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Publication numberUS3130110 A
Publication typeGrant
Publication dateApr 21, 1964
Filing dateFeb 15, 1961
Priority dateFeb 15, 1961
Publication numberUS 3130110 A, US 3130110A, US-A-3130110, US3130110 A, US3130110A
InventorsEdward Schmidt
Original AssigneeReeves Sounderaft Corp
Export CitationBiBTeX, EndNote, RefMan
External Links: USPTO, USPTO Assignment, Espacenet
Computer recording disc assembly
US 3130110 A
Abstract  available in
Images(1)
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Claims  available in
Description  (OCR text may contain errors)

April 21, 1964 E. SCHMIDT 3,13Qj110 COMPUTER RECORDING DISC ASSEMBLY Filed Feb. 15, 1961 INVENTOR. EDWARD SCHMIDT AT TOR NEYS United States Patent I arsenic CQWPUTER RECORDING DISC ASSEMBLY Edward Schmidt, Pound Ridge, N.Y., assignor to Reeves Sounder-sit Cor -1., Danhury, Conn. Filed Feb. 15, 1961, Ser. No. ease- 7 Claims. or. 161-42) This invention relates to an improved magnetic record ing disc.

In many applications, such as random access memories, it is found desirable to employ a plurality of discs upon which information can be magnetically recorded. Examples of such applications are particularly common in computer technology.

In the magnetic disc known to the art, rigid disc structures of considerable mechanical precision and flatness have. been employed. However, when digital information is recorded on the disc and the discs are rotated at relatively high speeds, the lack of compliance between the disc surface and the recording and read out head introduces severe amplitude modulation of the stored signal. The amplitude modulation is often so severe as to interfere with the reliability of recovery of information stored in the form of binary bits.

' Further, the rotational speed must be held relatively low with existing discs. The inability to obtain a mechanically flat disc of requisite precision at economical costs resulted in the recording head bouncing away from the surface of the disc. a

The lack of compliance between the disc surface and the head has been compensated for in some of the prior art devices by separating the head and the surface of the disc. However, the air gap prevents recording of information at high densities which is required in many applications.

As a specific example, a typical computer application would require storage of 333 discrete digital pulse data points per linear inch on the magnetic recording surface. The disc must be rotated at a speed of approximately 300 r.p.m. to supply the computer with information at a rate commensurate with the information acceptance rate of the computer. a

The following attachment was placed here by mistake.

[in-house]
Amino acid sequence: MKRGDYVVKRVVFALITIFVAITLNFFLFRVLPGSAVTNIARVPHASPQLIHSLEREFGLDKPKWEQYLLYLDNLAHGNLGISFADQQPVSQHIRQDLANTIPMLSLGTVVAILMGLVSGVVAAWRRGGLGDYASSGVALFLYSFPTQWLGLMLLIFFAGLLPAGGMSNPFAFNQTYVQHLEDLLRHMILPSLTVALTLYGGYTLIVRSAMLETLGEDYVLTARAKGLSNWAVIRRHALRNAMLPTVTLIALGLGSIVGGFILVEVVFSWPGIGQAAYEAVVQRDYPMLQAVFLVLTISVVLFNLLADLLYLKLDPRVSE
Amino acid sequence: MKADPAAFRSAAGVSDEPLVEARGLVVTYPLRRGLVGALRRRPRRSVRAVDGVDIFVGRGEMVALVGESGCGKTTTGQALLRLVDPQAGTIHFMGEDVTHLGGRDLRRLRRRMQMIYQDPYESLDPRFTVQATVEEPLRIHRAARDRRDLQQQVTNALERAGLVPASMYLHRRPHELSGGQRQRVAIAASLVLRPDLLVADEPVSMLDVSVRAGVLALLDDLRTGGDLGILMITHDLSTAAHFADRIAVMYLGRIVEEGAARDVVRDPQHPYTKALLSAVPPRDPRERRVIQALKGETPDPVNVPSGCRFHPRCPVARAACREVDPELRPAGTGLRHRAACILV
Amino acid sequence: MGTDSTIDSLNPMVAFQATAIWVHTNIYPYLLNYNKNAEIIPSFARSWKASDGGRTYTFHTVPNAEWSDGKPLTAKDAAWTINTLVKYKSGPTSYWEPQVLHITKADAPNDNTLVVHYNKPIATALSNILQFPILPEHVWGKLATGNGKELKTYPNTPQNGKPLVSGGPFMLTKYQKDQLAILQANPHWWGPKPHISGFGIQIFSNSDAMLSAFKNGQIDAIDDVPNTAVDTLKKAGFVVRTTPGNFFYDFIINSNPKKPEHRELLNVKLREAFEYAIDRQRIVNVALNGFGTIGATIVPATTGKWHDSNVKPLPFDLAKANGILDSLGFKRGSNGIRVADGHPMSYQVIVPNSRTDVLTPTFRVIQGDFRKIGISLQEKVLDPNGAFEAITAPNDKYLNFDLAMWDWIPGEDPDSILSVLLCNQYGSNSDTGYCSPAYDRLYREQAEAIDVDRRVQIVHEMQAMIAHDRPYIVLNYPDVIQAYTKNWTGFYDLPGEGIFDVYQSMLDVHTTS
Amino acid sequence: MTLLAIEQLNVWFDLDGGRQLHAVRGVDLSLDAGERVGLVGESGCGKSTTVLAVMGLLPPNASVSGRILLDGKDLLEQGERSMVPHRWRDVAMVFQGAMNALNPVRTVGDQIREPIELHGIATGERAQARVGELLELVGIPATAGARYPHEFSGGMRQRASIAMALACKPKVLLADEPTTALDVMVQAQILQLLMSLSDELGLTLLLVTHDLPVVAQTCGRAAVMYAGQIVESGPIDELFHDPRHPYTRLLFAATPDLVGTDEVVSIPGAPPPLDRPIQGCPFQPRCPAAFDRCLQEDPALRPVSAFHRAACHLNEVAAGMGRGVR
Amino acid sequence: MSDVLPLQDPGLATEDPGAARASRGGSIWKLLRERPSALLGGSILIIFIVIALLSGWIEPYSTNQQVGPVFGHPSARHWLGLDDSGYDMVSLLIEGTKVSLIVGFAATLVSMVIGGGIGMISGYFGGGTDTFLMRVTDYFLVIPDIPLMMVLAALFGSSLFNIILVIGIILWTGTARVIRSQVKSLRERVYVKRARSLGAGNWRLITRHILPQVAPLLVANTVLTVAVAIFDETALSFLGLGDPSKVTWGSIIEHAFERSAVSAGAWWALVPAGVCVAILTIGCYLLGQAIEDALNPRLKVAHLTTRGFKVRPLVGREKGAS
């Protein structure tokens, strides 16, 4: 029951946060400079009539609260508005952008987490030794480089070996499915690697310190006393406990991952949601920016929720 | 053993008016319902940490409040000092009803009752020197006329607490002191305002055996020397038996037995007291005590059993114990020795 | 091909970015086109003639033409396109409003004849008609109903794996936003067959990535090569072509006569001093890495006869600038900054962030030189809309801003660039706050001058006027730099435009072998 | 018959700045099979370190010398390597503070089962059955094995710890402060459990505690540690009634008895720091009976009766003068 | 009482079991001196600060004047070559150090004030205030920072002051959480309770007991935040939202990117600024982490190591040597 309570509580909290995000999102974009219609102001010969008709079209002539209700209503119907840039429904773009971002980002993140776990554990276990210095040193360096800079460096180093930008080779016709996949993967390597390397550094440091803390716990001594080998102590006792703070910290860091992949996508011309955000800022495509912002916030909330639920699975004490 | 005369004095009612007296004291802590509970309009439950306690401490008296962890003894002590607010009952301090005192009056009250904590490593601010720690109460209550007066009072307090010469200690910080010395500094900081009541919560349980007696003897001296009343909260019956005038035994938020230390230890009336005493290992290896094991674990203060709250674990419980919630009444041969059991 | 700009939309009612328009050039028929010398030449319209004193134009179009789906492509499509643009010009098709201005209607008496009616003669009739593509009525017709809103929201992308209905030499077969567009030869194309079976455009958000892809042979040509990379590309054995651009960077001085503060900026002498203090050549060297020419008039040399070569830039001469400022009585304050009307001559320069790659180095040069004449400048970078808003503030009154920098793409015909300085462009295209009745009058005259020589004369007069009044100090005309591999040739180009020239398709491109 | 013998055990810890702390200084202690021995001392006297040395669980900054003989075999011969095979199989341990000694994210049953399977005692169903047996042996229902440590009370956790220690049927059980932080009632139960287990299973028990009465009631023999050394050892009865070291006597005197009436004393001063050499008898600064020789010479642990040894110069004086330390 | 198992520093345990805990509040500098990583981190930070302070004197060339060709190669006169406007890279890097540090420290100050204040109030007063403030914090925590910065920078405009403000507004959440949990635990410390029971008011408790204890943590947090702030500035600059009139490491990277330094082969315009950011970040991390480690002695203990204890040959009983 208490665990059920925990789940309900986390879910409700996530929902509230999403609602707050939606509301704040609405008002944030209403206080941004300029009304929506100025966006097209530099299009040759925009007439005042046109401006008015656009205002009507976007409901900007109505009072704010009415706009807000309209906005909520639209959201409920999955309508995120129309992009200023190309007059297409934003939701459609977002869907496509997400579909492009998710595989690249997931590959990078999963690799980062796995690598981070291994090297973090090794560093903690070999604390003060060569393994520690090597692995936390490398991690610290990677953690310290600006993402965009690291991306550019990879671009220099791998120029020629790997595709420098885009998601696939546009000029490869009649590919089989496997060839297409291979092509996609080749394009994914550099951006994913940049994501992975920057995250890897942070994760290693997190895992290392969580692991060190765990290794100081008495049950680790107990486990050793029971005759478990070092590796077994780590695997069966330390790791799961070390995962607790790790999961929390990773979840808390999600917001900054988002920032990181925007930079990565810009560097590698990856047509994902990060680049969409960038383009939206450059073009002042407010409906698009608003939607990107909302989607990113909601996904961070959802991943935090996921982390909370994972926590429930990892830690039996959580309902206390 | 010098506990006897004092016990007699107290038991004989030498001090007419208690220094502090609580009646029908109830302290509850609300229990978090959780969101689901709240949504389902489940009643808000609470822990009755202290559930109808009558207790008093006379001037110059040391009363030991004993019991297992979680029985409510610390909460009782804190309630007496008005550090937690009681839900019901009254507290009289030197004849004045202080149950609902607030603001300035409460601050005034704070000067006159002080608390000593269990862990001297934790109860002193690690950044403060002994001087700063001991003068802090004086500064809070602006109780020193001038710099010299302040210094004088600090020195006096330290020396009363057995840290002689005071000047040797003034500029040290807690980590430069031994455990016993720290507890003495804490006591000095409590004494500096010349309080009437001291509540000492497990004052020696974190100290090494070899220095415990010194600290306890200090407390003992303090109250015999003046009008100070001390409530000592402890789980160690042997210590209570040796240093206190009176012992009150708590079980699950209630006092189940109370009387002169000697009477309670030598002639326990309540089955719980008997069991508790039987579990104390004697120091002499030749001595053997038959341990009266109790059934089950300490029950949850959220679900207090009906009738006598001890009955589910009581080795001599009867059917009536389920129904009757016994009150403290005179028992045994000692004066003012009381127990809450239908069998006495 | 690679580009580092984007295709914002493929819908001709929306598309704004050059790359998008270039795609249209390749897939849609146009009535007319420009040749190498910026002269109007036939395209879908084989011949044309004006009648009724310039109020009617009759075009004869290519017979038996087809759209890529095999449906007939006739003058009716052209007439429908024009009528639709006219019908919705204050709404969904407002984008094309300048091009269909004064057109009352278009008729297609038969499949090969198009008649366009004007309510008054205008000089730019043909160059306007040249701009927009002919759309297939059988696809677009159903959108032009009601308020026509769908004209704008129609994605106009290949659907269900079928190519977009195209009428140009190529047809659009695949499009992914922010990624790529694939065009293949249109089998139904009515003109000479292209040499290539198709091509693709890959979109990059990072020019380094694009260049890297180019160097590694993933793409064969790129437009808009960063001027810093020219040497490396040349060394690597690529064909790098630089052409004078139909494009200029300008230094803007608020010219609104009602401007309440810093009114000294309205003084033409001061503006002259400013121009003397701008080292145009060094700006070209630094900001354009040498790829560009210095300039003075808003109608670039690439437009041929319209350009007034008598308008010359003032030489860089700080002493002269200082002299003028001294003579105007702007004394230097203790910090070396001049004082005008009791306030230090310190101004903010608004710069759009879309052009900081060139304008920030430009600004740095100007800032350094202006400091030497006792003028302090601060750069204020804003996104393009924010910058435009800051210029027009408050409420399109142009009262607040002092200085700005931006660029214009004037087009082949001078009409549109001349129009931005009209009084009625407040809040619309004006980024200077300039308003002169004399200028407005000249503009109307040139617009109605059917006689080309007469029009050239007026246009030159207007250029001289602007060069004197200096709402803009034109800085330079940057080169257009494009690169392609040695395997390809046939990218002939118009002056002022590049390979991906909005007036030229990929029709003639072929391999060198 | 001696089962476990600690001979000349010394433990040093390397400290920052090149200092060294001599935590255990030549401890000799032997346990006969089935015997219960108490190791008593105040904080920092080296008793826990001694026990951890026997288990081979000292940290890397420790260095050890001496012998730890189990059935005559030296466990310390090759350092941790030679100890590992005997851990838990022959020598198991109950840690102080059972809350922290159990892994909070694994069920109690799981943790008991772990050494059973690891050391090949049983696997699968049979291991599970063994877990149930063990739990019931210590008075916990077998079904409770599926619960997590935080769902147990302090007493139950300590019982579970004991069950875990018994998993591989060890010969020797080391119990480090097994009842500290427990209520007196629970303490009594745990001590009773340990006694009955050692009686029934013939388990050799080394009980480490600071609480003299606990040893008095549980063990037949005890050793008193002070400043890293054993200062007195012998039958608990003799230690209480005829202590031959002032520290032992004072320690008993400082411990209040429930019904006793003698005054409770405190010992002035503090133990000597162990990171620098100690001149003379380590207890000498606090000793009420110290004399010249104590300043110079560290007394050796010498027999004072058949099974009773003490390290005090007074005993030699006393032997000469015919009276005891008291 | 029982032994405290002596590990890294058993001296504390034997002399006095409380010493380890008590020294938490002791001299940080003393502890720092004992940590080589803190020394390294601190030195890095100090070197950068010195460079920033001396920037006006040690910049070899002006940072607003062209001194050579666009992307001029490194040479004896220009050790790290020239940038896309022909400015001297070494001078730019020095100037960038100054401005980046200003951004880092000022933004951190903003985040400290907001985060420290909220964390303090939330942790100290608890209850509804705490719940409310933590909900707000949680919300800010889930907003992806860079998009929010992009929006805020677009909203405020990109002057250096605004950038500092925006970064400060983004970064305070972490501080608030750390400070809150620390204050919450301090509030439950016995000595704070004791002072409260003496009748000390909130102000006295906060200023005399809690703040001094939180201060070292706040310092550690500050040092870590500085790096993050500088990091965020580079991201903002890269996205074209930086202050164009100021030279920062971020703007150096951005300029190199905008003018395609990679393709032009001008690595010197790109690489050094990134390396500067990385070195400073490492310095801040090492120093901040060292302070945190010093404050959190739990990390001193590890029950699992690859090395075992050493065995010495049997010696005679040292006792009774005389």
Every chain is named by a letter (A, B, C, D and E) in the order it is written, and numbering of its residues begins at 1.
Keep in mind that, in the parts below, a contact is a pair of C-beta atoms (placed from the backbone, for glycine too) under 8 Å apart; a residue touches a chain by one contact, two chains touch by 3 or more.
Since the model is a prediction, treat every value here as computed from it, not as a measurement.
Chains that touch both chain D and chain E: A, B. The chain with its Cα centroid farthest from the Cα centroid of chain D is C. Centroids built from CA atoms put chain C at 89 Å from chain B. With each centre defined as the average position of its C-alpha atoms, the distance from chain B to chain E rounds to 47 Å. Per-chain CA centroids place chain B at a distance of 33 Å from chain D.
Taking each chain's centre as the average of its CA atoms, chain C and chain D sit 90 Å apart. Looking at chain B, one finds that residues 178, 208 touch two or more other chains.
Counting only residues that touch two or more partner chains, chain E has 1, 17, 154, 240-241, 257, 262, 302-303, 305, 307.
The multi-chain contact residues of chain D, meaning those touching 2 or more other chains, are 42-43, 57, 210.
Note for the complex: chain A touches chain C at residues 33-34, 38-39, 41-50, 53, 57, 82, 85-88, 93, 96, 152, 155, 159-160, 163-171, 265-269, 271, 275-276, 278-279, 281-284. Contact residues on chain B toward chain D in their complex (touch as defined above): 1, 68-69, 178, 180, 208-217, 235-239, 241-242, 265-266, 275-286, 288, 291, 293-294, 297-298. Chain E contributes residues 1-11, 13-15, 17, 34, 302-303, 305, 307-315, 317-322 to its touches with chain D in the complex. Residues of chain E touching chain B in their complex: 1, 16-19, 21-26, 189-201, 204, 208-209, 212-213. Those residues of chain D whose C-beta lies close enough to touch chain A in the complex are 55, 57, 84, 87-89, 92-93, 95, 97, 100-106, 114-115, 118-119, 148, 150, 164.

The discs known to the prior art are unacceptable in such application. For example, discs have been made by dispersing a magnetic oxide pigmented vinyl dispersion on the surface of a solid disc, such as an aluminum disc. Alternatively, discs have been made by casting a rubber based magnetic oxide pigmented dispersion on the surface of a metal disc. Thus, the discs are rigid structures and extreme mechanical tolerances of flatness must be maintained in assembly if the solid disc is to have any practical use. For example, most discs of this nature would be limited to a rotational speed of 50 rpm. to prevent head bouncing as the disc rotates] Maintenance of the requisite flatness for rotational speeds of 300 rpm. would make constructional costs prohibitive.

In the specific application the mounting of the head to provide an air gap between the head and the magnetic recording surface would preclude obtaining the requisite information packing density on the recording surface.

It is, therefore, an object of this invention toprovide a magnetic disc for the magnetic recording of binary information of high packing densities and in which the magnetic media is compliant to the read-out and read-in heads. I

In accordance with this object, there is provided, in a preferred embodiment of this invention, a rigid disc, such as a molded plastic disc, having an annular surface provided for the magnetic information storage media. In the present form the metal or plastic disc has a recessed annular surface to accommodate the storage media, as hereinafter described. This recess is provided to protect "ice the surface of the magnetic layer from physical damage but the recess is not a necessary part of the invention.